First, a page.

HDMI has been the standard connection device for many years, supporting high quality video output as high as 10K and counting. Since it transmits both video and audio, you no longer need to wield several separate cables or connect two or more cords into their own ports. All you need is one!
Because HDMI is so integral to the equation, it becomes a problem when you immediately experience connection problems. When it happens, how do you troubleshoot HDMI connection problems? Let’s take a look.
Before You Get Started…
Before you dive into the frustrating task of troubleshooting, you should do a quality check with your HDMI cable. There’s nothing worse than going through the process of elimination, only to realize your HDMI cable isn’t up to snuff.
Take your HDMI cable and connect it to a device you know it’s worked with before, such as a gaming console, computer, TVs, and so on. If the HDMI cable works there, then it means the problem may lie with the device rather than the cable. However, that isn’t always the case as every device has their own settings and problems.
While you’re at it, give the cable a once-over. Is the outer covering damaged in any way? Are wires exposed? Check the connectors themselves for anything bent out of shape or broken off, including the device you’re attempting to connect to. If you find signs of damage, switch to a different HDMI cable and plug it in. If it solves your problem, then you don’t have to move forward with troubleshooting.
In the event that the device itself has a damaged HDMI port, switch to a different port if one is available. Ideally, you should have the port repaired ASAP.
How to Troubleshoot HDMI Connection Problems
It’s difficult to pinpoint the exact reason you’re having HDMI connection problems. However, one thing is for certain: there isn’t a shortage on the number of solutions. Use the process of elimination to discover where the problem is linked to.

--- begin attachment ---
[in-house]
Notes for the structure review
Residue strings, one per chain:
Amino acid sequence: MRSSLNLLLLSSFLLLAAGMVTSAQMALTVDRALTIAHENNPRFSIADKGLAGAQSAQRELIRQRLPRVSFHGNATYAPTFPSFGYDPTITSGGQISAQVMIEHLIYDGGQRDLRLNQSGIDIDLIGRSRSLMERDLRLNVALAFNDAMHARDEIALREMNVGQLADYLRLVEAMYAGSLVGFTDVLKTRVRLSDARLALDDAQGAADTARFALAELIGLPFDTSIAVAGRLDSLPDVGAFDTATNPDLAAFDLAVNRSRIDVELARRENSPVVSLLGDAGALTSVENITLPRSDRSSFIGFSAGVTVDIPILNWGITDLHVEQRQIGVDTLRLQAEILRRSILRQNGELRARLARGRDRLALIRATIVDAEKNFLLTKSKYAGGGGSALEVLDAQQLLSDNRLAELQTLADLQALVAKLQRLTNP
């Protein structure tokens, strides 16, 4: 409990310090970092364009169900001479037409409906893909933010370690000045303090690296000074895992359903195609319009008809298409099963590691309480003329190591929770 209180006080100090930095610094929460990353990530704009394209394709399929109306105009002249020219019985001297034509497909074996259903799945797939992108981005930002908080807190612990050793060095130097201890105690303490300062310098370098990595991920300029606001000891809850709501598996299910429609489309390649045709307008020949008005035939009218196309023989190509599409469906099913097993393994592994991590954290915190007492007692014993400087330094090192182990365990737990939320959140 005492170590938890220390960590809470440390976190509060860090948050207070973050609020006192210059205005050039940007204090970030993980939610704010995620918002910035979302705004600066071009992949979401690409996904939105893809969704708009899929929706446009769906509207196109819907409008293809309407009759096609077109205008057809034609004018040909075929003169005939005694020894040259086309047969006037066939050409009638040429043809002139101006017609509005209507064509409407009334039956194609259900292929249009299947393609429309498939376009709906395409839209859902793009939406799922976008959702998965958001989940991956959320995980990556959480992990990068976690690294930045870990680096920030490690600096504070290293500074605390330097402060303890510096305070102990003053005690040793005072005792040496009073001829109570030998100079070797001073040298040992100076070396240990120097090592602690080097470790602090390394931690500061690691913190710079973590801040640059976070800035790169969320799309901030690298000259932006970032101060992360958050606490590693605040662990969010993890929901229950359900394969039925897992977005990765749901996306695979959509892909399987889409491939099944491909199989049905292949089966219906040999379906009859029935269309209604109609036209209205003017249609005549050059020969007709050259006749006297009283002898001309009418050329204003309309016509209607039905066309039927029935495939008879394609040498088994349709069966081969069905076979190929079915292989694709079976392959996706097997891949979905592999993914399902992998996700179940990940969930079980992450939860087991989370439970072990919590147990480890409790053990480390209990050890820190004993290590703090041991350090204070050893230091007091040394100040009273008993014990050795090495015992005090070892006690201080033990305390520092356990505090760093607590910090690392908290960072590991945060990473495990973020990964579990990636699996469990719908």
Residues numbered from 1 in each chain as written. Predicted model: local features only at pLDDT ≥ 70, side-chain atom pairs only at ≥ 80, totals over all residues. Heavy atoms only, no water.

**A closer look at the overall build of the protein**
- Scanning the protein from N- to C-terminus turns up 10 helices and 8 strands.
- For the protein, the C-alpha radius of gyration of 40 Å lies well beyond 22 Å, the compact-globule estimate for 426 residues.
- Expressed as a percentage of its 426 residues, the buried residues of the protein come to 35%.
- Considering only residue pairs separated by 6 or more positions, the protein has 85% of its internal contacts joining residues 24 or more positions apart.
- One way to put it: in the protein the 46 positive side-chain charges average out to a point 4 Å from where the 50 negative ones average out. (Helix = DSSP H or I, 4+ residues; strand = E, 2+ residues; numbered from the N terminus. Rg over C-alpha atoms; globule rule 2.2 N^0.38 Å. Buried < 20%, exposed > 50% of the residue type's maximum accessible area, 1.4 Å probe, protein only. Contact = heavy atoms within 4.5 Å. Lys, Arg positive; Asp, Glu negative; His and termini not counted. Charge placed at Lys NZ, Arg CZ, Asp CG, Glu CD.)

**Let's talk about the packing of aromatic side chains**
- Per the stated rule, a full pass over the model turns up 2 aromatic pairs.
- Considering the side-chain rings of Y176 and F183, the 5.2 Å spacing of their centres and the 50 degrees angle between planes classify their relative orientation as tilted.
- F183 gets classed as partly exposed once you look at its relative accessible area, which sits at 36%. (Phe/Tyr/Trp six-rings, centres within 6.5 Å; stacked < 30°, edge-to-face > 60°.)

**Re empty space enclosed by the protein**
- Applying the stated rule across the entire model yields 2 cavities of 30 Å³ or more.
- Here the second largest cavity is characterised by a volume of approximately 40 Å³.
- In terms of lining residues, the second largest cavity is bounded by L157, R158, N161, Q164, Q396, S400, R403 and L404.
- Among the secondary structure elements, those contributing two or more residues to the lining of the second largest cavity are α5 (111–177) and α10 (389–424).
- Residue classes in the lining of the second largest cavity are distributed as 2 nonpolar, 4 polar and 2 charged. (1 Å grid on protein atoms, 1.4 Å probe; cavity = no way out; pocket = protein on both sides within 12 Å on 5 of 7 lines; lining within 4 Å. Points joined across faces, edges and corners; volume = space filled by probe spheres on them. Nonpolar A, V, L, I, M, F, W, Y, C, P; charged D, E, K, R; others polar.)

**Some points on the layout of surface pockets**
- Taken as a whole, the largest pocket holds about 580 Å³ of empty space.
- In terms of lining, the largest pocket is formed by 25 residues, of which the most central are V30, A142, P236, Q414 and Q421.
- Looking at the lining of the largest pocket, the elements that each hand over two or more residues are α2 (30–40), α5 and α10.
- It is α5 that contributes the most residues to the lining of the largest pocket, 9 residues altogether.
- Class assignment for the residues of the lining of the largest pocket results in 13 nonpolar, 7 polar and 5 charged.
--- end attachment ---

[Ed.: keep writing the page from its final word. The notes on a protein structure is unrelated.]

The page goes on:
1. How Secure is the HDMI Cable Connection?
The first obvious solution is to check how well the HDMI cable is connected. When you touch the connector, is it loose? If so, gently but firmly push the end into the HDMI port. Furthermore, try another HDMI cable to rule out that it’s the port itself. If every cable plugged in is loose, then you have a problem with the port.
Additionally, consider buying an HDMI cable with a locking mechanism. They’ll keep the cable from slouching and causing the picture to go out.
2. Switch the Input on Your Device
Are you on the right input channel? If the device you’re using is a TV, check in the back where the HDMI ports are located. Generally speaking, TVs come with at least two HDMI ports—each one is labeled “HDMI” followed by a number, like “HDMI 1.” That also corresponds with the input or source channel it’s on.
On your remote, locate the Input or Source button and press it. Choose the correct HDMI channel.
3. Firmware or Driver is Out-of-date
Depending on your device, you may have a driver or firmware out-of-date. For example, TVs that are equipped with HDR, also known as “High Dynamic Range,” have been known to cause HDMI connection problems when firmware is out-of-date.
Computers, on the other hand, need driver updates every now and then. If it’s equipped with an HDMI port—which it likely is—check for any recent updates. An outdated drive can cause connection problems.
4. Clean the HDMI Ports
Have some dusty HDMI ports? It could be the source of your frustration. If there’s built up dust and dirt inside the ports, they can block the connection your cable is attempting to make with the port itself. Remove the dirt and dust, and you fix the issue.